Optimization of Donor-Recipient match and identification of the futile match cutoff. A national italian study on liver transplantation.

Alfonso Wolfango Avolio, Salvatore Agnes, Antonio Gasbarrini, Nicola Nicolotti, Chiara De Waure, Maria Carmen Lirosi, Mauro Salizzoni, Antonio Daniele Pinna, Bruno Gridelli, Luciano De Carlis, Michele Colledan, Giorgio Enrico Gerunda, Umberto Valente, Giorgio Rossi, Giuseppe Maria Ettorre, Andrea Risaliti, Vincenzo Mazzaferro, Francesco Bresadola, Massimo Rossi, Giuseppe TisoneFausto Zamboni, Luigi Lupo, Oreste Cuomo, Fulvio Calise, Matteo Donataccio, Alessandro Vitale, Renato Romagnoli, Francesco Lupo, Alessandro Cucchetti, Salvo Gruttadauria, Iacopo Mangoni, Domenico Pinelli, Roberto Montalti, Massimiliano Gelli, Lucio Caccamo, Giovanni Vennarecci, Daniele Nicolini, Enzo Regalia, Umberto Baccarani, Quirino Lai, Tommaso Manzia, Enzo Tondolo, Maria Rendina, Michele Barone, Alessandro Perrella, Maria Romano, Patrizia Burra, Umberto Cillo

Risultato della ricerca: Contributo in rivistaContributo a convegnopeer review


Intentional matching of liver transplant donor-recipient risk factors, supported by D-MELD (donor age × biochemical MELD), could offer a new therapeutic strategy with effects on survival. As yet, an extensive stratification of cases according to the futile transplant principle using a continous quantitative parameter has not been performed. To stratify the prognosis according to donor-recipient match and assess the predictive role of D-MELD together with covariates, a database detailing 5946 liver transplants performed in 21 Italian Centers (2002–2009) was analyzed. Primary endpoint was to evaluate the prognostic power of D-MELD and covariates in terms of 3-year patient survival. The futile-transplant cutoff (life-expectancy <50% at 5 years) was investigated. The database was divided into a training and a validation set. The adequacy of fit for both sets was tested using Hosmer-Lemeshow and C-statistics. Cases were stratified in ten D-MELD deciles. Significant differences among D-MELD deciles allowed regrouping them in three D-MELD classes (A <338, B 338–1628, C >1628). D-MELD classes were used for regression analyses. At 3 years, the odds ratio (OR) for death is 2.03 (95% CI 1.44–2.85) in D-MELD class C versus class B (reference). The OR is 0.40 (95% CI 0.24– 0.66) in D-MELD class A versus class B. Other significant covariates were HCV status (OR = 1.42; 95% CI 1.11–1.81), HBV status (OR = 0.69; 95% CI 0.51–0.93), re-transplant status (OR = 1.82; 95% CI 1.16– 2.67) and low-volume transplant Center (OR = 1.48; 95% CI 1.11– 1.99). Results were confirmed by Cox regressions. The “futilematch cutoff” was identified only in HCV patients (D-MELD=1750, p < 0.001).Assuming the same high D-MELD value, an organ from an elderly donor is likely to fail in an old recipient or in an HCV recipient but not in an HBV recipient. The identification of predictive factors (D-MELD class and covariates) and the introduction of the futile cutoff may lead to formulate new organ-allocation policies. The futile matches should be proibited by national allocation rules. Fatal allocation of high-risk organs to high-risk patients should be avoided. Organs from young donors should not be allocated to recipients with a low biochemical MELD without additional risk factors.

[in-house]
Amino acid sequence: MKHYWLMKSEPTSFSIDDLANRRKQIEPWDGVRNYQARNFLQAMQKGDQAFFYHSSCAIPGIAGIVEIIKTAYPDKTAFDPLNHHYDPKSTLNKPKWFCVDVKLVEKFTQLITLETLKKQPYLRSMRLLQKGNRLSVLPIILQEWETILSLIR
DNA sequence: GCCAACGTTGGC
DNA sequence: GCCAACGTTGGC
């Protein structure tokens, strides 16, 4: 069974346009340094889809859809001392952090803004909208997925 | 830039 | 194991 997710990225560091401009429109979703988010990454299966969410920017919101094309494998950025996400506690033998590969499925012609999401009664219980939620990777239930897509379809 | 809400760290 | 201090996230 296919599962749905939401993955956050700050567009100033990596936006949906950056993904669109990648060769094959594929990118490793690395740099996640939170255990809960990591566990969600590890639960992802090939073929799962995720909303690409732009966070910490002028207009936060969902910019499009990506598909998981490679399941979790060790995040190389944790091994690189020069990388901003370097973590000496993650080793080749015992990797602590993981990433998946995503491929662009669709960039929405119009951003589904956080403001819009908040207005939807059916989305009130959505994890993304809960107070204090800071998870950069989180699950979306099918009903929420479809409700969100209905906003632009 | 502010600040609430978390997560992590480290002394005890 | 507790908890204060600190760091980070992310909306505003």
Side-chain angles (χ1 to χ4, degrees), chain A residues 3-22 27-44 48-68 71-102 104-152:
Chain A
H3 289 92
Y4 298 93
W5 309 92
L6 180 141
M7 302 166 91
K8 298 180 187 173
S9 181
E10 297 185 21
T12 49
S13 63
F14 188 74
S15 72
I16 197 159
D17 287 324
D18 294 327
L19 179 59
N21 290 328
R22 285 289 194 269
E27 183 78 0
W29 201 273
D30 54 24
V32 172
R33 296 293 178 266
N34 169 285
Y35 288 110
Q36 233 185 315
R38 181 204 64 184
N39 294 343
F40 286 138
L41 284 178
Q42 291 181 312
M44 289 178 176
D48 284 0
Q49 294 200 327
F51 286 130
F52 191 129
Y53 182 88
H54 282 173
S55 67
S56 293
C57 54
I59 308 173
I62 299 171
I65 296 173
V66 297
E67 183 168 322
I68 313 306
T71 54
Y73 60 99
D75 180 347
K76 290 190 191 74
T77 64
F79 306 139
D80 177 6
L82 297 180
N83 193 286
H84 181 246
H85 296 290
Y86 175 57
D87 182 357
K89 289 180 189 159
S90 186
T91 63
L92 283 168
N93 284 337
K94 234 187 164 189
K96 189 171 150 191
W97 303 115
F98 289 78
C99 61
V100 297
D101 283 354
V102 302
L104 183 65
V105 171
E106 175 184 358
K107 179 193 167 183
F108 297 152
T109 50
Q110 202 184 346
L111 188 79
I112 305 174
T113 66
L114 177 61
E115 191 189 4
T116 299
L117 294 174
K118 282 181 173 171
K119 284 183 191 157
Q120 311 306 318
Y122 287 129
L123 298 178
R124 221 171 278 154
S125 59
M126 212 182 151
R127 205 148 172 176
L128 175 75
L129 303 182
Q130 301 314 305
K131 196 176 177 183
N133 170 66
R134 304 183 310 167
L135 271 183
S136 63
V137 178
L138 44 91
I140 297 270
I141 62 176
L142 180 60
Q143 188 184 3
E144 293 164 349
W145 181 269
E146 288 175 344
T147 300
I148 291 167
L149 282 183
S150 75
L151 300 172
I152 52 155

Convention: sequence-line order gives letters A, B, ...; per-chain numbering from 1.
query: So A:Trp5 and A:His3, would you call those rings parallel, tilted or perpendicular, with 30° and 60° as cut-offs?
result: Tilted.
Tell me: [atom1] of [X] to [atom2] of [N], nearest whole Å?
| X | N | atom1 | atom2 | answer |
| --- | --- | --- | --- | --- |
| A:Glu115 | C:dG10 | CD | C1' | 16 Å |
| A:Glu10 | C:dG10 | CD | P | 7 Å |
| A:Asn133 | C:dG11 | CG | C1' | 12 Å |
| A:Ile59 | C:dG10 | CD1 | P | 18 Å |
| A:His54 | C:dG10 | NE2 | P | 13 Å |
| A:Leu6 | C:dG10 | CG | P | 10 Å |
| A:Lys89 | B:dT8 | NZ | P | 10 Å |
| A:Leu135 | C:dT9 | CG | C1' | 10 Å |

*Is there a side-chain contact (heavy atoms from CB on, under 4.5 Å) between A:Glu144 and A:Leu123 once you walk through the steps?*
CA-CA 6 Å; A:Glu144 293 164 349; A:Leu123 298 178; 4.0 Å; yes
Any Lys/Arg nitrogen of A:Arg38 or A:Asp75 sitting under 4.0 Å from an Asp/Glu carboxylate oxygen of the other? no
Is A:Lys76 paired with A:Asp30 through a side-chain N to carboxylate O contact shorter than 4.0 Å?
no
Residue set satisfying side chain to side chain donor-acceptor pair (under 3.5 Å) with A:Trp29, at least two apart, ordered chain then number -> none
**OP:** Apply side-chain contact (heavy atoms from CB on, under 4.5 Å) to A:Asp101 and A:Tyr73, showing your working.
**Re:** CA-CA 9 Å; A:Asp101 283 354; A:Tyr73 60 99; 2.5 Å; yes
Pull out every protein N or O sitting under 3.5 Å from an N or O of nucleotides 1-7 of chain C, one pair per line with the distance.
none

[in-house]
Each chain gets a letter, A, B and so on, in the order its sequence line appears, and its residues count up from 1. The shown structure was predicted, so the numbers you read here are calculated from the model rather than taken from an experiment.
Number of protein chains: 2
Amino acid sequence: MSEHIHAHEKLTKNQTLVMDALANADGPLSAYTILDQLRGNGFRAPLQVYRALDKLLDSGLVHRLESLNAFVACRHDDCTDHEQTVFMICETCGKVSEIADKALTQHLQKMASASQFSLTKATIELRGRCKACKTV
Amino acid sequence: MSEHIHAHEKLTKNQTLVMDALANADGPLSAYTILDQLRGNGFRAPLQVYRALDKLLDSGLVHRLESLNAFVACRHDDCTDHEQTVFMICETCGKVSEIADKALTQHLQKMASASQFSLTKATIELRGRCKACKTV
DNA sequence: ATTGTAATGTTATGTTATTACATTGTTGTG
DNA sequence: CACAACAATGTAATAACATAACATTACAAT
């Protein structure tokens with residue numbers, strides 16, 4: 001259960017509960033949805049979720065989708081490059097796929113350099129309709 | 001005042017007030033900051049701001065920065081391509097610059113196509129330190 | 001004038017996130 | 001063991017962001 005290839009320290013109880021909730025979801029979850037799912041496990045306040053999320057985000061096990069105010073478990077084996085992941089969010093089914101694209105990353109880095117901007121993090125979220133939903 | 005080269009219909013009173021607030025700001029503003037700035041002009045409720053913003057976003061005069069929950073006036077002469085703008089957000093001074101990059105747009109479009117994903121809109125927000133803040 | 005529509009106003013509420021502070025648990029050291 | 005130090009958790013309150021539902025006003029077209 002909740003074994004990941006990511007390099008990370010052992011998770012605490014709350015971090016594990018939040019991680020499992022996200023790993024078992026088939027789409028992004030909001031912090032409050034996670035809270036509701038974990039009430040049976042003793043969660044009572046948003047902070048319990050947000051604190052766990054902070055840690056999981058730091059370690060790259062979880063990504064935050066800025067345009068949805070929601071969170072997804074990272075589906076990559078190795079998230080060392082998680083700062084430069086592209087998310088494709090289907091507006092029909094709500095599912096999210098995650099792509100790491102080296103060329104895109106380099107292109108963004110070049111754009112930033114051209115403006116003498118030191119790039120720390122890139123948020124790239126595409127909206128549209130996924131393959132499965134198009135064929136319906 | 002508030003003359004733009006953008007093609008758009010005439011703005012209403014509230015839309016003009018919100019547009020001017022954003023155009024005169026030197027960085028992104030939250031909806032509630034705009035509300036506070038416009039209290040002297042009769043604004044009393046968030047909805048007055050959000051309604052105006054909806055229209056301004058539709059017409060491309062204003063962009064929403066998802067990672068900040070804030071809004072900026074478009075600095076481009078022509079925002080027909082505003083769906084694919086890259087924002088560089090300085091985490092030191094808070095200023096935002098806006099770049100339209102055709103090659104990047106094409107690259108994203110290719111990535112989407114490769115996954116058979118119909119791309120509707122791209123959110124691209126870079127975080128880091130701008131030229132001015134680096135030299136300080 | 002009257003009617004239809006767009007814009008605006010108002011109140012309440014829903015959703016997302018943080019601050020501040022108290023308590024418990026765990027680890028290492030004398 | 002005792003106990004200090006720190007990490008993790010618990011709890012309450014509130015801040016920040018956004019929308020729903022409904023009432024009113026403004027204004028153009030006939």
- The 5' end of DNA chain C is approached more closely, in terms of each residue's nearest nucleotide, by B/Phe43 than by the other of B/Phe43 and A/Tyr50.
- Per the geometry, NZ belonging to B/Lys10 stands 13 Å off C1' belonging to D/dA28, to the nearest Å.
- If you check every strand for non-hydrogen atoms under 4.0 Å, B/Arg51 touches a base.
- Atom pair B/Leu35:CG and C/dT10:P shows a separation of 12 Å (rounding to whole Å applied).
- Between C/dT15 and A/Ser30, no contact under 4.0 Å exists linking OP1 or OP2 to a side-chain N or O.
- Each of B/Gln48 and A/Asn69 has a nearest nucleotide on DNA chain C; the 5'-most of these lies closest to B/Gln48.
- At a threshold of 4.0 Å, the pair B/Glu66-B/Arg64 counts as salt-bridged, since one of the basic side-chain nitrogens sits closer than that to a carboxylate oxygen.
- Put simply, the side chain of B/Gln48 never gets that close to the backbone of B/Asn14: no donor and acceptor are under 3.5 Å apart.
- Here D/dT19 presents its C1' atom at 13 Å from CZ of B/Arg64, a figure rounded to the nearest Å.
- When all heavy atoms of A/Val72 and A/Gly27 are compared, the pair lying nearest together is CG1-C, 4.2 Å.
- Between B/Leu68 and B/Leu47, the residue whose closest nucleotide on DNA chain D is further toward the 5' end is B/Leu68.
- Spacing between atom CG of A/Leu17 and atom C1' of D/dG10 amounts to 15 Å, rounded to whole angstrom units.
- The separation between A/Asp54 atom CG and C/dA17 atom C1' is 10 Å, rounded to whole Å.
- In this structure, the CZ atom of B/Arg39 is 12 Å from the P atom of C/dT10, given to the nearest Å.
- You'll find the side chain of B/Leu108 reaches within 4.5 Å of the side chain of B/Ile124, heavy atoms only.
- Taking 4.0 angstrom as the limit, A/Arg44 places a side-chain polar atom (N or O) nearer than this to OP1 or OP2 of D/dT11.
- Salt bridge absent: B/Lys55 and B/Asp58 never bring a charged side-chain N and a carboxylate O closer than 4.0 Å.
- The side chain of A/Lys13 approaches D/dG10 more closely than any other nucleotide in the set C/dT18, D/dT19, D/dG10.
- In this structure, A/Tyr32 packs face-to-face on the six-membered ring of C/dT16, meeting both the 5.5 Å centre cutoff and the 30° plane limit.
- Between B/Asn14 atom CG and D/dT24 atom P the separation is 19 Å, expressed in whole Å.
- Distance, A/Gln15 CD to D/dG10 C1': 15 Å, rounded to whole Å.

Lingua originaleEnglish
pagine (da-a)17-17
Numero di pagine1
RivistaJournal of Hepatology
Stato di pubblicazionePubblicato - 2011
EventoThe International Liver Congress TM 2011 by EASL - Berlino
Durata: 30 mar 20113 apr 2011


  • D-MELD
  • Donor recipient match
  • Futile match
  • HCV
  • Liver Transplantation
  • MELD
  • outcome
  • risk factors

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